Nurses in Africa are very apolitical, this is a very troubling situation that requires urgent correction. Our leadership positions in the hospitals, state and federal government ministries have been more of a nomenclature with little or no influence. Most of our directors are errand men and women with no room to initiate and pursue their initiatives, mostly because they lacked political muscle and a professional leadership structure that can give them all the necessary protection. Nurses must become very political, we can form partisan structures to be attached to major political parties for the purpose of promoting nursing agenda. These men and women will be encouraged to work themselves to the highest level in the leadership chain of the political parties for effective professional representation.
Our leadership structure should form a strong network connecting our independent professional organizations to our leaders under the authority of the government establishment. Our independent professional organizations will be the one to mount pressures on the government so that an enabling environment can be giving to our directors and their deputies to function without outside interference or victimization. This way, they can be empowered to pursue better payment for nurses and improved financial contribution to nursing development by the government. Finally, we must promote leadership development among the younger professionals.
5) Dominate The Media
Nurses must start using the media, www.leadnurseafrica.com, which is the strongest and fastest voice that reaches billions in less than a second to show their relevance, contributions and put things right to the public.
It’s always rare to see an African nurse and nursing leaders on any of our local Tv channels anchoring a media talk show or interview related to health or nursing care, it’s rare to see Nigerian nurses on our local radio or Tv channel promoting any health related product or event.
Nurses who manage personal blogs and blogs to promote and share their sacrifice, impact and dedication in the health care sector are just few. We have only tapped an insignificant number of the opportunities offered by the media and world wide web which other health care professionals are strongly embracing to strengthen their relevance.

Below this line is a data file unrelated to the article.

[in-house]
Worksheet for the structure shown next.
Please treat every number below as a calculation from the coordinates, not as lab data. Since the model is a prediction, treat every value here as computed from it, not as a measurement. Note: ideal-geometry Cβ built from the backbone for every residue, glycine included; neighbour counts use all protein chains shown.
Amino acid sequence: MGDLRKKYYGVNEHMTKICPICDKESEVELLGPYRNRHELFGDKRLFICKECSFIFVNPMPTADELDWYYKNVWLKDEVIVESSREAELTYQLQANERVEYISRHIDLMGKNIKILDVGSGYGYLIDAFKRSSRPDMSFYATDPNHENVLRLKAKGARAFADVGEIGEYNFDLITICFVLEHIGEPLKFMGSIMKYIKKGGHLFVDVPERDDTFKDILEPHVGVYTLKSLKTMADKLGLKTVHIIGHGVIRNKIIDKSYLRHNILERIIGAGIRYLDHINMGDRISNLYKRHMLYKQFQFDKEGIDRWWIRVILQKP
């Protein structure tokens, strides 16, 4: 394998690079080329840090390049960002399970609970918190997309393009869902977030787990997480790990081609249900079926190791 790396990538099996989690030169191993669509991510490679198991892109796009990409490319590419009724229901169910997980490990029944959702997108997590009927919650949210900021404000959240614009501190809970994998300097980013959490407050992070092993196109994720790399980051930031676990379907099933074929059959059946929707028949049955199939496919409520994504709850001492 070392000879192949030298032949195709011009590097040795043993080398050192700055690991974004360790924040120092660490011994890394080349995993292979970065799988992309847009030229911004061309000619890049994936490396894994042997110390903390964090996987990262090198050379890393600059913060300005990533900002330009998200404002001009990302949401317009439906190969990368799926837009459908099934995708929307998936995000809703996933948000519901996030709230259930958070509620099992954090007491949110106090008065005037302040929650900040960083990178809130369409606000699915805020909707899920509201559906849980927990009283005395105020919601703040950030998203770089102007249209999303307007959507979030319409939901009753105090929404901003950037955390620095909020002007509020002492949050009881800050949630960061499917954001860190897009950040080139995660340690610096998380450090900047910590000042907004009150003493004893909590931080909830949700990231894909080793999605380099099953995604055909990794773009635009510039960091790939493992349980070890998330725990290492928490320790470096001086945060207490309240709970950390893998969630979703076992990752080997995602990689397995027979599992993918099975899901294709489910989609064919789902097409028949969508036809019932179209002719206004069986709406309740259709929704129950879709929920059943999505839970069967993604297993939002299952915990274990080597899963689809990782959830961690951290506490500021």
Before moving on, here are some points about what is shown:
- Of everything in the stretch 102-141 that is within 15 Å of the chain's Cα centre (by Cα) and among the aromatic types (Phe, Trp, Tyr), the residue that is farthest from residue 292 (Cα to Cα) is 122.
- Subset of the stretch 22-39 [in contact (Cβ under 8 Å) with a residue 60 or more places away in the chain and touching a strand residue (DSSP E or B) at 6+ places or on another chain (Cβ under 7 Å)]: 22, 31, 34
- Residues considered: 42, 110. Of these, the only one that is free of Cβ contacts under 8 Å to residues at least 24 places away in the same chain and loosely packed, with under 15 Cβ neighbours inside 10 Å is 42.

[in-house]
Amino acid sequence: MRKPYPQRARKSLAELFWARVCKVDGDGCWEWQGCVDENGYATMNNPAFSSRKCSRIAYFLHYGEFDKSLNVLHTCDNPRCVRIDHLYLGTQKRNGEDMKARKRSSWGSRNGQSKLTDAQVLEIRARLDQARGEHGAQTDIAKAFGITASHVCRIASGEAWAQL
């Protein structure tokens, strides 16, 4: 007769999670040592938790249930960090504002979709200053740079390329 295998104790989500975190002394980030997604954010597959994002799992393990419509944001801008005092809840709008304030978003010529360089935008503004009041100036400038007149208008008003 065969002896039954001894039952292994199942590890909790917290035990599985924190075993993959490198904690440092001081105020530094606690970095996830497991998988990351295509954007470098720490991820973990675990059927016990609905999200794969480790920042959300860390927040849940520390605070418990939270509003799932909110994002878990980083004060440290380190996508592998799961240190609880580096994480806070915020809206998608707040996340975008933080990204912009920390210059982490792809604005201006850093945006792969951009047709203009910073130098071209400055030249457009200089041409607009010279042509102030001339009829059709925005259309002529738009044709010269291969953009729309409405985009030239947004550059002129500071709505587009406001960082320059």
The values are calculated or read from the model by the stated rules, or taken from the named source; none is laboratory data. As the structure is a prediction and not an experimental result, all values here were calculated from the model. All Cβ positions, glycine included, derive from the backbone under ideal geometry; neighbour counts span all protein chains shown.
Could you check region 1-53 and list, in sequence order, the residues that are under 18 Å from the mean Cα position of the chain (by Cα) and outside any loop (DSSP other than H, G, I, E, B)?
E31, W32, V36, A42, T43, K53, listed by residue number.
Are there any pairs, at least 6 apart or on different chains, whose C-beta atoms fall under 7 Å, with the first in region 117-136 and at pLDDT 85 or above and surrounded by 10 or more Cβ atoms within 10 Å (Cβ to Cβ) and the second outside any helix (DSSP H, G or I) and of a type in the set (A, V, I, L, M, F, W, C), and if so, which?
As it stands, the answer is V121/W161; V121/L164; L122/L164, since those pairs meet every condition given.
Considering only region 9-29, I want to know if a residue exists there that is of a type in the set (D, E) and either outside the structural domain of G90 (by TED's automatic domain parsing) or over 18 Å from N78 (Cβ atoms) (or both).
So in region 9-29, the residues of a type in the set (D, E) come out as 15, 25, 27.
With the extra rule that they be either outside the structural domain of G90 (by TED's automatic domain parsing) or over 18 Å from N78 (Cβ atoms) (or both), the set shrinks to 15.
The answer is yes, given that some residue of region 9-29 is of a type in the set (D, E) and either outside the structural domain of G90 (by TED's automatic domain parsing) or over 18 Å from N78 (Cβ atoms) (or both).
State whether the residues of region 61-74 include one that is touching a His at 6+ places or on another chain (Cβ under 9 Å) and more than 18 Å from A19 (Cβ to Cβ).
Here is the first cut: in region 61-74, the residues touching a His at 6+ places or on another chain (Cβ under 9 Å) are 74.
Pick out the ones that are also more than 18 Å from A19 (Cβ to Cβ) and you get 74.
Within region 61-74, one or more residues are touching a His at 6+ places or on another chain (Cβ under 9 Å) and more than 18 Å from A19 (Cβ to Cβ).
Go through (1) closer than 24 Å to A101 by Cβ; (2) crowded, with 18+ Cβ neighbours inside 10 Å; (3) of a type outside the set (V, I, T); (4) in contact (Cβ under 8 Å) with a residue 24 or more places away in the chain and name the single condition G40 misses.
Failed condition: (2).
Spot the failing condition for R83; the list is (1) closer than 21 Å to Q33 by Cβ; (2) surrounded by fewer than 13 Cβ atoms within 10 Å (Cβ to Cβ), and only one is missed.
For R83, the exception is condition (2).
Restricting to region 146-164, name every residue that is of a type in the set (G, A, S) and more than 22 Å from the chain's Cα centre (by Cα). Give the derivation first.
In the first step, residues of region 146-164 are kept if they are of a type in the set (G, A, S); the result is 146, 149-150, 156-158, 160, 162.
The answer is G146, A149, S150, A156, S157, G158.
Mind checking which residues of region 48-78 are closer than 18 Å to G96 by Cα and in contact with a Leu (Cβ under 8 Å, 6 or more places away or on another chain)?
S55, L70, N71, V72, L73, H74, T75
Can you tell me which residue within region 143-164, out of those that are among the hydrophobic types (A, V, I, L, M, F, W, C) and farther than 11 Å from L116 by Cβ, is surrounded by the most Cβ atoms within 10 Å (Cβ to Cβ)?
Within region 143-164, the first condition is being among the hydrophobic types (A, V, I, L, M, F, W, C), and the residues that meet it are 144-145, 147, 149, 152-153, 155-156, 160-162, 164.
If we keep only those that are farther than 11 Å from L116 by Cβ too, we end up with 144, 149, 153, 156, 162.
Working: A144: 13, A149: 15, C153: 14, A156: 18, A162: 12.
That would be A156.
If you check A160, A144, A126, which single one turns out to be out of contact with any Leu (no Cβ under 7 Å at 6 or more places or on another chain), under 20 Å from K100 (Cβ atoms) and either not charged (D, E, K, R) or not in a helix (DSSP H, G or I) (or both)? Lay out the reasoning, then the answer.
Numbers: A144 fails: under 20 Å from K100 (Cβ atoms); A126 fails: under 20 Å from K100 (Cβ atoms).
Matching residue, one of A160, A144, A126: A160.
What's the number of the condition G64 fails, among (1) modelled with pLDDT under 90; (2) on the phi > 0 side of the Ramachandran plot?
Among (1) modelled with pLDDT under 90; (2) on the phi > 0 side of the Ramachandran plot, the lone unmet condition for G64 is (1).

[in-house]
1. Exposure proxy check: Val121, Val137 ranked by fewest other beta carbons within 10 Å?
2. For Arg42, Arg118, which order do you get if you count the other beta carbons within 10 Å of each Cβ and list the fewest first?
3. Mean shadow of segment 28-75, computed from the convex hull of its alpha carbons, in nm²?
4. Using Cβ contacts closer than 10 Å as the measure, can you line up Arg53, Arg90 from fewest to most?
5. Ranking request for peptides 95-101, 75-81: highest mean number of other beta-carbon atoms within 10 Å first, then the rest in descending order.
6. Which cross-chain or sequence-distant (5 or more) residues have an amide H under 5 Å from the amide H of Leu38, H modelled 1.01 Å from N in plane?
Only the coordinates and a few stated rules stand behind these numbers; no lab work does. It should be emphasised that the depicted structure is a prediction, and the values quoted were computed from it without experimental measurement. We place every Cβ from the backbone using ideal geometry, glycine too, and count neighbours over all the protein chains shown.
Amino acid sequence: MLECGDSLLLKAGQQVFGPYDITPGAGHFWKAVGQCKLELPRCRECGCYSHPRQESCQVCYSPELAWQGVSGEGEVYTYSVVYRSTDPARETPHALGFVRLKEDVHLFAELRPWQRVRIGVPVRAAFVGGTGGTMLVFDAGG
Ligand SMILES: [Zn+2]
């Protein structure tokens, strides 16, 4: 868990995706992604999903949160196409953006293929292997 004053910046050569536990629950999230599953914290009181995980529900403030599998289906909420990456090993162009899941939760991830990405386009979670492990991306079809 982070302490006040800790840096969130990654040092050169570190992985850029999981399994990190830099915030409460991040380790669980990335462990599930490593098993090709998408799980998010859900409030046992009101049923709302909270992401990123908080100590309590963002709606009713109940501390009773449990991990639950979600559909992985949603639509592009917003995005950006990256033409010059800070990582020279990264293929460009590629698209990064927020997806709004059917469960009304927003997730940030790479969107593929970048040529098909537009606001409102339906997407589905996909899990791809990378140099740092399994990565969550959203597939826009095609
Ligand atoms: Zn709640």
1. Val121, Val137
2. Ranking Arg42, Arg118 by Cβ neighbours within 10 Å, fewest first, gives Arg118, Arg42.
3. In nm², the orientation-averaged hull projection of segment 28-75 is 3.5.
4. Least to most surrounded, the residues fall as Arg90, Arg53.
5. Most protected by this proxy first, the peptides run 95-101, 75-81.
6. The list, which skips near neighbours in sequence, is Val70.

6) Learn Positive Communication Skills
Errors come from insufficient, improper communication and information deficit between most nurses and their clients. Nurses’ cognitive overload, stress and fatigue, as well as poor (nurse – patient) communication are factors that have threatened positive communication and relationship between nurses and patients.
Ability to recognize non-verbal communication and to understand the positive verbal communication strategies as well as identify the significance of the patient education development strategy is the part of the professionalism of future nurses. Communication skills – the ability to listen, to form open questions, to conduct a dialogue – often form one of the leading aspects in the patient care management and patient education.If nurses can master and manifest positive communication skills, the public perception that nurses are wicked will be reduced to a large extent, thereby ,projecting a re-branded positive image to the general public.
7) Get Involved In Ending Quackery and ending unprofessional public behavior
Nurses have continuously shown little or no concern in re-branding the public image of nursing in Africa. There are no strict policies regulating the training and activities of unprofessional practitioners or quacks trained in their thousands by doctors, aided by some nurses for personal gains in unaccredited private institutions, causing the educated and qualified professionals to either leave the profession or be subjects to public caricature and abuse.
Most nursing professionals seem less concerned about the activities of these “killers on white”. Nursing leaders ought to put in more effort to get African nurses the needed respect they deserve by strengthening various nursing institutions and seeing to the general welfare of their members.
Finally, nurses must stop unscientific and unprofessional behaviors like engaging clients and their relations in a quarrel, delivering nursing care with anger, abuse of clinical uniform (wearing it outside clinical area, spreading infection), habitual embarrassment of junior colleagues, lack of interest in further learning and intellectual exposure ( yes, it is unprofessional) etc.